Whenever he arrived in Moscow, Levin was always agitated, frantic, slightly awkward, and annoyed by this awkwardness and, more often than not, came with some completely new and unexpected way of looking at things.

5. He sees the good in others

Levin isn't just good in himself, he also has a positive outlook that allows him to appreciate the good in others. When Stiva laments that Levin has "everything ahead of [him]" while he feels hopeless, Levin responds, "Surely you don’t have everything behind you?" Levin is a good friend and quick to find a positive instead of a point to criticise: something I know I should remember.

This even extends to Vronsky, Levin's rival standing in the way of his affection for Kitty:

There are people who, when meeting their victorious rival in whatever arena it might be, are immediately ready to turn their back on all that is good about him and see only bad things; and then there are people who, on the contrary, take pains to locate in this victorious rival the qualities with which he defeated them, and who, with an aching heart, look only for good things about him. Levin belonged to the latter category.

Can you relate to Levin and feel inspired by his transformation, as I do? Alternatively, does his character frustrate you slightly?

To all fellow fans of Anna Karenina, what do you love most about the novel: character, theme, or otherwise?

Like more of the same? Subscribe to the Tolstoy Therapy Newsletter and receive a round-up of the week's articles every Sunday to enjoy with your coffee. Click here to subscribe or take a look at an example copy here.


Brian Joseph said...

I have not yet read Anna Karenina but I want to do so sooner rather then later. Picking the right translator is important to me. I think that you have convinced me to choose Bartlett.

I have not really looked to see which translations are the most popular in bookstores here in the United States. It is interesting that you have observed the Pevear & Volokhonsky to be the most popular. Though some people love them, they are a little controversial.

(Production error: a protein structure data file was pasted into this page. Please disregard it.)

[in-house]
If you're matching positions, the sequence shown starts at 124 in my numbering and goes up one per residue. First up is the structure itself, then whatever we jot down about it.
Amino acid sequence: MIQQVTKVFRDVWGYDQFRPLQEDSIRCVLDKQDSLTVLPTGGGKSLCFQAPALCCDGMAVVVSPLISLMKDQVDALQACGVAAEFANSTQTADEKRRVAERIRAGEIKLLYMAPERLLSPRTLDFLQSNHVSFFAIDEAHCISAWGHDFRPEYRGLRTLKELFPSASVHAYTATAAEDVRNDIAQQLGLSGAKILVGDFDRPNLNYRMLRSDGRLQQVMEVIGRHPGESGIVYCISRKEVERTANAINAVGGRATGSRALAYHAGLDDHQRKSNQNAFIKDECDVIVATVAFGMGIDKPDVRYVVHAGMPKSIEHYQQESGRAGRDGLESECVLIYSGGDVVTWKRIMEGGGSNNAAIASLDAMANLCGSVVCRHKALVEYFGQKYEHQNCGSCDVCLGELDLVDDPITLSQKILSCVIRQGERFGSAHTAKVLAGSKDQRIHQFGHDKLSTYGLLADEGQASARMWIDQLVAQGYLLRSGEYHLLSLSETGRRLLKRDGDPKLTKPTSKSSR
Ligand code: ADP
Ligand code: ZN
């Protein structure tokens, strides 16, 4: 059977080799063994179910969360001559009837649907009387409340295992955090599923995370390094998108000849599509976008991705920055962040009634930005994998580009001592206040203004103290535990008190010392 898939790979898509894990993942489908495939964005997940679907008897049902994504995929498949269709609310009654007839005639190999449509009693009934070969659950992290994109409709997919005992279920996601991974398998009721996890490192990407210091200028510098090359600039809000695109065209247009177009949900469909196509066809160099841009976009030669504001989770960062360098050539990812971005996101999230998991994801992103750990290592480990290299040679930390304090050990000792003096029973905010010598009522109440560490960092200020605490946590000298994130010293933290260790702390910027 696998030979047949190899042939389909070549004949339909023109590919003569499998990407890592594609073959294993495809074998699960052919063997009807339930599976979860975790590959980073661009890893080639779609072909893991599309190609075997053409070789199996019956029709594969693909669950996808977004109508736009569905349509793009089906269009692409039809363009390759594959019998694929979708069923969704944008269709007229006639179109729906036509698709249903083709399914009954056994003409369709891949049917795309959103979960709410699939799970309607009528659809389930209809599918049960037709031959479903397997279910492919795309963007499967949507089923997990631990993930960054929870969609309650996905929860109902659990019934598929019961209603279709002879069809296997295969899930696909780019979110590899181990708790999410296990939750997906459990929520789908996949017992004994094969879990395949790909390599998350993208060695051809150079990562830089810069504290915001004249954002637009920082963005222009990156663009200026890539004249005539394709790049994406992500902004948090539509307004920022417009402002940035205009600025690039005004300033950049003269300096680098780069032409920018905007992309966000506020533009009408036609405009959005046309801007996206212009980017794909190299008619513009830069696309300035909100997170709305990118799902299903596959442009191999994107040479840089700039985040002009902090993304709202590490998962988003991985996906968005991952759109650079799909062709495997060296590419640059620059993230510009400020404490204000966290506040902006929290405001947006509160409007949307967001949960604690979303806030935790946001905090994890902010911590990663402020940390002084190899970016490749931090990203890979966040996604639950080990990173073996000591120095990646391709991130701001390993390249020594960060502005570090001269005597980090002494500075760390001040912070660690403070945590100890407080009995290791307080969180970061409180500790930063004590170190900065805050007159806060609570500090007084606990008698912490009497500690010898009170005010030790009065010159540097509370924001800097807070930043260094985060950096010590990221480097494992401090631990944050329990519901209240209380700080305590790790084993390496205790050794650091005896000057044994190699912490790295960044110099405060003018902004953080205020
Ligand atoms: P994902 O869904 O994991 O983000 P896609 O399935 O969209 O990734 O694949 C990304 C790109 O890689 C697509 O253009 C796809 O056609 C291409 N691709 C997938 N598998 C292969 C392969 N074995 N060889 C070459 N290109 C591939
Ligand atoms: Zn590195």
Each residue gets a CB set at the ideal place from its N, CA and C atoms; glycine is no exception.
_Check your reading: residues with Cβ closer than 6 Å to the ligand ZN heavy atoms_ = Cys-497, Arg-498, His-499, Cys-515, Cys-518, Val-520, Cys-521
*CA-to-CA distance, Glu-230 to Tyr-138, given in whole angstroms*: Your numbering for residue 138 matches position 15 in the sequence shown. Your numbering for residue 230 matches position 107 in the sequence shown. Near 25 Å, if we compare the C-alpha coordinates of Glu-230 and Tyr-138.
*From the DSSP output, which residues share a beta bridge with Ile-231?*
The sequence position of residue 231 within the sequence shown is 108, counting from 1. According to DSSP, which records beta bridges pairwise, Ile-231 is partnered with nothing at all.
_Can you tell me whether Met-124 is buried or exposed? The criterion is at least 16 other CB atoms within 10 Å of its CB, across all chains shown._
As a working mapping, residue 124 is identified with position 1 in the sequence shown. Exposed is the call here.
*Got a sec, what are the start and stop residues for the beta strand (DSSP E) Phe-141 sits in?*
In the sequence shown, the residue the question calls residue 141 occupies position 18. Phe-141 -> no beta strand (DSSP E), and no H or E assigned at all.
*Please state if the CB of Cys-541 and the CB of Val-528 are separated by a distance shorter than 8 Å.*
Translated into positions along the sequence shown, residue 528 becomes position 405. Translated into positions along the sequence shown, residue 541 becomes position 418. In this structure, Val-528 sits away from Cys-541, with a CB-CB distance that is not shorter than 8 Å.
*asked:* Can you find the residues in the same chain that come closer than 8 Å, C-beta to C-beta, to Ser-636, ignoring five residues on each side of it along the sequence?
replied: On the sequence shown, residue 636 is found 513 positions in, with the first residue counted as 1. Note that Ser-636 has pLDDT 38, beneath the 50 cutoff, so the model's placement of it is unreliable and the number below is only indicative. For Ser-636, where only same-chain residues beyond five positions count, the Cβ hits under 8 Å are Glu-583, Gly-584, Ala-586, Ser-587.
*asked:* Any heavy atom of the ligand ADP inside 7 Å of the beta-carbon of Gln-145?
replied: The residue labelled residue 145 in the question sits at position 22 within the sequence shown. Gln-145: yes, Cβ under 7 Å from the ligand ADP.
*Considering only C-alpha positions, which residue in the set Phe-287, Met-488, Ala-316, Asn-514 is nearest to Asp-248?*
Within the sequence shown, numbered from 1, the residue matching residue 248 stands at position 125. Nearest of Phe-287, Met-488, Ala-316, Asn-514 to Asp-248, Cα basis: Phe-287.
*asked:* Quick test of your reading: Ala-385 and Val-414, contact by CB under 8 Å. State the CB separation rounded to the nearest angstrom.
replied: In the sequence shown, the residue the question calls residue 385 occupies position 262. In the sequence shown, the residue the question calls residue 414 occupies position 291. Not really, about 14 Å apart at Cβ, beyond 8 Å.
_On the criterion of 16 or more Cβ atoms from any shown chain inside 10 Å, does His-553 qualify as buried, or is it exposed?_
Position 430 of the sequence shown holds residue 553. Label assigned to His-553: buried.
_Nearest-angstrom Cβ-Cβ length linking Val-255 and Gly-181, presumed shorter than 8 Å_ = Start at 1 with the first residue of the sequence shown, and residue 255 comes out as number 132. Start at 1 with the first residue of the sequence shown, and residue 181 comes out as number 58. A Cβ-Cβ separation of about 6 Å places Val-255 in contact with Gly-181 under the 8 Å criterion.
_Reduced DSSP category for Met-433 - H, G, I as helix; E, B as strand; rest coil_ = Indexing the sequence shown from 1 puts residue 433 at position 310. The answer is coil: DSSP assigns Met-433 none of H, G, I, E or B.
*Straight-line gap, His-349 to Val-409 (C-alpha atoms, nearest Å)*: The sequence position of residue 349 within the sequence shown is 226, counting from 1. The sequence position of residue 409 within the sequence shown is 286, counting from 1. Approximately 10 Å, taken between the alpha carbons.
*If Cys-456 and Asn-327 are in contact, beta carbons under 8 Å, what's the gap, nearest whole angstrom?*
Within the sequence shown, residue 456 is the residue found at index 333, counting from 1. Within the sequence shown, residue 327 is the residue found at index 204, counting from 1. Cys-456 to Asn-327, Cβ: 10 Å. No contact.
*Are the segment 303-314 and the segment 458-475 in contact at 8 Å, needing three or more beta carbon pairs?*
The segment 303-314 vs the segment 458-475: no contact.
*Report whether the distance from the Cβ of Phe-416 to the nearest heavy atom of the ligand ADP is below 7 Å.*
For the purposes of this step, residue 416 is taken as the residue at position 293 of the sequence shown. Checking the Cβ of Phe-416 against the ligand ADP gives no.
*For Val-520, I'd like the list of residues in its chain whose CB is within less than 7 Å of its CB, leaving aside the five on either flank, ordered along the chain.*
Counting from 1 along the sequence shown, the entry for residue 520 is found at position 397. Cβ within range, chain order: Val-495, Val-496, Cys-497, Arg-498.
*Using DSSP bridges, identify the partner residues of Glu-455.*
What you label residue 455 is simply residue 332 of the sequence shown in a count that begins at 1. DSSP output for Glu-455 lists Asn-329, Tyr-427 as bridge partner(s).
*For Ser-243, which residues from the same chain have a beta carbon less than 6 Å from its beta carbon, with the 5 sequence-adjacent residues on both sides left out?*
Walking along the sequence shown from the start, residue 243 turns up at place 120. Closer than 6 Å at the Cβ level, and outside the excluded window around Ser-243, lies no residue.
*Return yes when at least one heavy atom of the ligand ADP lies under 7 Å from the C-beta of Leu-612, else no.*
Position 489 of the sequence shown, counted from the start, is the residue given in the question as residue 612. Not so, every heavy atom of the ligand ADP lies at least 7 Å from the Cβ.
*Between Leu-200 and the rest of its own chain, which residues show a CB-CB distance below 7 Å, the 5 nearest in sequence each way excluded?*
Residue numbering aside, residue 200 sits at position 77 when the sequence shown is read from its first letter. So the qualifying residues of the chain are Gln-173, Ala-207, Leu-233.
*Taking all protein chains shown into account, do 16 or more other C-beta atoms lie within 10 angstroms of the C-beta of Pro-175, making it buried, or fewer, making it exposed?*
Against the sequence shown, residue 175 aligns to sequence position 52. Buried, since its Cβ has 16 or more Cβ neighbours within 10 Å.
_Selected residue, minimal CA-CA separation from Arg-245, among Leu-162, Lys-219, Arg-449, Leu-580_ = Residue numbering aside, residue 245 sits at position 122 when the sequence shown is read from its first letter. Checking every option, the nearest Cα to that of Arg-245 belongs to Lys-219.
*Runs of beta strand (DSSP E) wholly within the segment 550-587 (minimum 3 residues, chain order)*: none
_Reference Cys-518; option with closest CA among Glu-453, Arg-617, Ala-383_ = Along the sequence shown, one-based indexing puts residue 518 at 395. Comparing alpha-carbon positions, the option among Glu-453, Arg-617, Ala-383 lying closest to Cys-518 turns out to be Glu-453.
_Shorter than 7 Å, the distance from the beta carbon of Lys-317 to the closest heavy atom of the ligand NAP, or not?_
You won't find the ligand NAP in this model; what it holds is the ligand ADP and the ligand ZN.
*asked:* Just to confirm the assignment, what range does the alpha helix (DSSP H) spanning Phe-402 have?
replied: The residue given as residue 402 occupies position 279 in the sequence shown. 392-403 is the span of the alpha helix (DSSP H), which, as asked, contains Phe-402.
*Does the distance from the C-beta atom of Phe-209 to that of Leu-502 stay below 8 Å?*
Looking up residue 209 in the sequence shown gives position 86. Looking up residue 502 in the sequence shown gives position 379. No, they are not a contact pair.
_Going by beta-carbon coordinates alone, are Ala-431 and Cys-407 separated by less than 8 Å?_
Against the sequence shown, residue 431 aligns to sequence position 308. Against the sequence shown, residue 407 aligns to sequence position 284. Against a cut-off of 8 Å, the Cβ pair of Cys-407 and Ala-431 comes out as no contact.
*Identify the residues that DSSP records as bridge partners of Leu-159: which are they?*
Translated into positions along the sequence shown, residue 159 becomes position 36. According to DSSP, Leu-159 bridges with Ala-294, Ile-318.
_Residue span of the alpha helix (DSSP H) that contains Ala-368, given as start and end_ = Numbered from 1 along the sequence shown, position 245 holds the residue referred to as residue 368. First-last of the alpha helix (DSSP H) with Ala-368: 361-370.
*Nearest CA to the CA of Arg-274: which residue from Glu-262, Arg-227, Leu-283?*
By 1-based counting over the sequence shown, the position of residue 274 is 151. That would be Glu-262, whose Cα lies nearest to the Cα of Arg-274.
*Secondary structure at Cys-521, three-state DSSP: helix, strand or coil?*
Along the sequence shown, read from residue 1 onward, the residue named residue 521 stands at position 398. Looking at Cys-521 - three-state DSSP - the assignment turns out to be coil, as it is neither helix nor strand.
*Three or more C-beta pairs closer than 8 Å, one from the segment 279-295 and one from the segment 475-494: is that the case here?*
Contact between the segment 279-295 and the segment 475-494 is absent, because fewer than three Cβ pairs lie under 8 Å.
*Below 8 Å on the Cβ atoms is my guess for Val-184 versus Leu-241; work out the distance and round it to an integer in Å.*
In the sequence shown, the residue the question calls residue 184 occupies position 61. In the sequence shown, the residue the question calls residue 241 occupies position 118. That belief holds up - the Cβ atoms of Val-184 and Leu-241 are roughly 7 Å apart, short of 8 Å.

Wuthering Expectations said...

Brian, the P&V translation was an official Oprah book. So, yeah, most popular!

What do I love most: the style, the exquisite little details in scene after scene, the structure, Anna's wrists, the horse-racing scene, Levin's brothers, Vronsky's toothache. I guess I have picked "otherwise."

Heidi'sbooks said...

I like Levin too. He's such a contrast to Anna. I read the P & V version and enjoyed it, but I don't know any other translation. I'll be interested to read what you have to say about it.

LitWitMisFit said...

So many people view Anna Karenina as a romance...UGH! Konstantin Levin is the reason why I LOVE this novel. (And want to learn more about Tolstoy). Levin is ordinary, his virtues in life are simple, he is not perfect....but yet, he is a model human being.

Alexandra said...

I'm very curious to check out this Rosamund Bartlett translation because i've read most of the russian greats translations done by P&V. Levin has always been my favorite- his ability to soothe his own anxiety and depression by returning to the simple roots of man by working with nature is something i always think of.

Michal said...

Keep posting these gems Lucy and I swear one day I'll read something Tolstoy's ;)

BTW, the editor in me spotted that tou duplicated number #2 on the list.

Camilla P said...

I couldn't agree more: Levin was my favourite character throughout the novel, and I still remember him fondly. His struggle feels real and honest.

Sadly, I can't talk about the English translation, since I read the Italian one. But we have that kind of discussion, too; I enjoyed mine, for example, but I have to admit it is a little bit old and could use some kind of renovation.